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Equity Perspectives

We believe the next revolution will be driven by better algorithms, advanced semiconductors, powerful networks, and cloud-based computing. 


In Brief:

  • One reason for the rise of growth stocks is the expectation for an exponential surge in use of artificial intelligence (A.I.), thanks to the confluence of Big Data, high-performance computing, and very clever algorithms. 
  • Massive investments in A.I.-related  technology have the potential to increase productivity, streamline operations, transform multiple industries, and boost the global economy.  
  • While examples can already be found in voice/image recognition, factory/process/warehouse automation, and biotech, deep learning (a subset of A.I.) also is being applied to cloud computing, car safety, virtual and augmented reality, and drones.
  • All these advances are just the first iteration of what will be a multi-decade evolution, as global tech giants, and China, vie for hegemony in various markets while building new ones.


If there is a microcosm of the transformational innovation driving growth stocks to new heights, it’s a company whose shares have jumped more than 1,577% over the last five years (as of November 30, 2017). Of course, there is no guarantee of such performance going forward, but similar to a number of other tech stocks, that company has benefited from the phenomenal deployment of artificial intelligence (A.I.), and its subsets of machine learning and deep learning. “A.I. is the new electricity,” said Andrew Ng, a well-known A.I. expert who worked for Google and Baidu. “It’s hard to think of an industry that won’t be transformed by it in the next several years.”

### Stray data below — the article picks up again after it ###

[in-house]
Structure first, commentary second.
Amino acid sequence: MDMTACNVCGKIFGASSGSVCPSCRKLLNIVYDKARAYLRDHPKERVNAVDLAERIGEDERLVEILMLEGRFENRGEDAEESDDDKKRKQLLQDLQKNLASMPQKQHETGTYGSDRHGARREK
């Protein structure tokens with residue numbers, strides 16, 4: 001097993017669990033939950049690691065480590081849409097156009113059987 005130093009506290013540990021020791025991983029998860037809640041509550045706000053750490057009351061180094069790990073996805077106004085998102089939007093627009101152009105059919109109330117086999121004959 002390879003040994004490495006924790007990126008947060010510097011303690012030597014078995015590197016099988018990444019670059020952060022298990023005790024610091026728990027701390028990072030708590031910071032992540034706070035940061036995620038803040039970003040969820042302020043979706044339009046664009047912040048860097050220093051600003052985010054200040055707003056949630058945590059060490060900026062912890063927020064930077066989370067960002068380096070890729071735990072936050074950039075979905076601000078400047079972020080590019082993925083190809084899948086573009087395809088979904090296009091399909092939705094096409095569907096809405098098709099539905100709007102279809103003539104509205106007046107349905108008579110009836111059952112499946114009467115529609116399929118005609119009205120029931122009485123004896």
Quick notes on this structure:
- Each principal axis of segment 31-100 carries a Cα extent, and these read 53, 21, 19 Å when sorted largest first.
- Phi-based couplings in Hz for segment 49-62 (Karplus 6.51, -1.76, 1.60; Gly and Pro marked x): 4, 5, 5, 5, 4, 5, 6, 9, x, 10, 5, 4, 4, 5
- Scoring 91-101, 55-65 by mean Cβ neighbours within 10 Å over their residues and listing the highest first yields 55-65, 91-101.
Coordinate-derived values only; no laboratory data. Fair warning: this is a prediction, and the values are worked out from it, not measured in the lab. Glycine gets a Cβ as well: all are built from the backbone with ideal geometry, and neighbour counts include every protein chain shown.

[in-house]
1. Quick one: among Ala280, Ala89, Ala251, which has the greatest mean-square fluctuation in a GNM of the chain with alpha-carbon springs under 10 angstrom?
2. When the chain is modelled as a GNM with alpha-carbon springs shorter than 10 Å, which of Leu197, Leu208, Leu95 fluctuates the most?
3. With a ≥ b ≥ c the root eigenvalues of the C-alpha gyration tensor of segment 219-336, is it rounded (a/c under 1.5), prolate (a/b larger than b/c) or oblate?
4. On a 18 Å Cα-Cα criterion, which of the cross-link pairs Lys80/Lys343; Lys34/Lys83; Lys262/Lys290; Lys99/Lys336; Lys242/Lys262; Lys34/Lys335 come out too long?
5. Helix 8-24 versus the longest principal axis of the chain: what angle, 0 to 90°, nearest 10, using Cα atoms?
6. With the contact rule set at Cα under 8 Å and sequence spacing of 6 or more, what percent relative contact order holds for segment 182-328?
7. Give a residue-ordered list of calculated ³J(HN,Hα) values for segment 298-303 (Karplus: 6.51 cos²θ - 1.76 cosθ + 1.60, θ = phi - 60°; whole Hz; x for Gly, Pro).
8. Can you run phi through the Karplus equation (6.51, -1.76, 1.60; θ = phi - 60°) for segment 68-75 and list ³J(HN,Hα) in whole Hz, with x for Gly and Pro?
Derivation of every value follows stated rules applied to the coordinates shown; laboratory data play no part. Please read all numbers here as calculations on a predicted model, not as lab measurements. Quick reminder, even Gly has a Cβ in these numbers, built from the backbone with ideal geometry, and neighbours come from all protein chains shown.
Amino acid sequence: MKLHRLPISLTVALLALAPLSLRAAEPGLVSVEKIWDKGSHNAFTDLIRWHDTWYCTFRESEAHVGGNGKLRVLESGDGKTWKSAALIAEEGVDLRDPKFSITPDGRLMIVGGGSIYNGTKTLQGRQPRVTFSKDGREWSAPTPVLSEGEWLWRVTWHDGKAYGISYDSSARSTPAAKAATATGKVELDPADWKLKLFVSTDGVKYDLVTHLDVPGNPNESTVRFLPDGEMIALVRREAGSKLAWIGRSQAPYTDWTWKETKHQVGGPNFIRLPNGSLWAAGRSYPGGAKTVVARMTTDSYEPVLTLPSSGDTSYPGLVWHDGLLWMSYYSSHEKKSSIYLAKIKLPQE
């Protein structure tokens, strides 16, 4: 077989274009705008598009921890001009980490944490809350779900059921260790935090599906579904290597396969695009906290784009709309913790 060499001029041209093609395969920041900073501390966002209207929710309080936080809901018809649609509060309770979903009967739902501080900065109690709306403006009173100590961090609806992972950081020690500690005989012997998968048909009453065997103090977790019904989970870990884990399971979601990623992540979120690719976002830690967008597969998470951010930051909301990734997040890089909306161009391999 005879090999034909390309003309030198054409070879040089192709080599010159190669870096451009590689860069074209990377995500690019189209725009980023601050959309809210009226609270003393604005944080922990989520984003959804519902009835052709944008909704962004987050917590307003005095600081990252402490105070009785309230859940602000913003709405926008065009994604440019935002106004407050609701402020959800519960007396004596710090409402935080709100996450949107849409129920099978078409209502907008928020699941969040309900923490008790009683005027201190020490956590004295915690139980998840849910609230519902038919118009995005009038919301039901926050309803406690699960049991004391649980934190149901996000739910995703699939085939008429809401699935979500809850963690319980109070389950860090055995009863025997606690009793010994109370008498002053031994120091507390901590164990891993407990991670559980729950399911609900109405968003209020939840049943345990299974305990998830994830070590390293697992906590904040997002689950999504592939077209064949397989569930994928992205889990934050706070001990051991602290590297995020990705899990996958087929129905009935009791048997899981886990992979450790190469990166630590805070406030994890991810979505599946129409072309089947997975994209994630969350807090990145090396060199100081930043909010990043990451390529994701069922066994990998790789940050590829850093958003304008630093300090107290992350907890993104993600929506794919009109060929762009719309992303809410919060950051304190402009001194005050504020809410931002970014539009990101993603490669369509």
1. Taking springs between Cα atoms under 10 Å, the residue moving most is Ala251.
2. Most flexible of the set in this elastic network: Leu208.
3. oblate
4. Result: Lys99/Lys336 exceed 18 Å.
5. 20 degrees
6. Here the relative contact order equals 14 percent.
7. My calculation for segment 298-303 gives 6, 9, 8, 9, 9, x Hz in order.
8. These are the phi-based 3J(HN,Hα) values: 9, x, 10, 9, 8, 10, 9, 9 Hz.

Whatever analogy one chooses, the confluence of “Big Data,”1 high-performance computing, and ingenious algorithms has driven the further development of deep learning, which takes as its model the way neurons in the brain processes speech, written words, and images. That, in turn, has propelled a vast array of new applications (see Chart 1) and greater demand for hardware, software, and services that sustain them. (See Chart 2.)

As a result, machines and computers will be programmed to do some things as well as humans can. Initial iterations are in voice/image recognition and biotech, but we are beginning to see a tremendous amount of work being done with deep learning in the areas of cloud computing, virtual and augmented reality, drones, and automobiles. (See Table 1.)

A.I. has the potential to revolutionize the automotive industry and, more significantly, the automobile.  Among the trends driving A.I. automotive applications:

  • Driverless cars and trucks
  • Driver-assist features
  • Cloud-hosted intelligence (e.g., locating nearby gas stations, identifying restaurants, pre-ordering food, etc.)
  • The “Internet of Things”; analysts estimate that 250 million vehicles will be connected to the Internet by 2020. Cars equipped with a host of smart sensors could allow manufacturers to update a car’s firmware or remotely detect maintenance issues, for instance.
  • Enhanced connectivity (e.g., cars with their own WiFi hotspots)
  • Intelligent insurance-risk assessment (which could track driver alertness, near misses, and unsafe driving habits) 2


Chart 1. Deep Learning Is the Evolution of Artificial Intelligence
The convergence of three powerful technologies will drive more uses and greater chip demand 

Source: Lord Abbett. Provided for illustrative purposes only.


Chart 2. Artificial Intelligence Revenue, by Segment, 2015–25

Source: BofA Merrill Lynch Research estimates.


Table 1. The Applicability and Adoption of Deep Learning Continues to Expand
Multi-faceted innovation likely will encompass many industries 

Source: Machine Learning Landscape.


The Next Revolution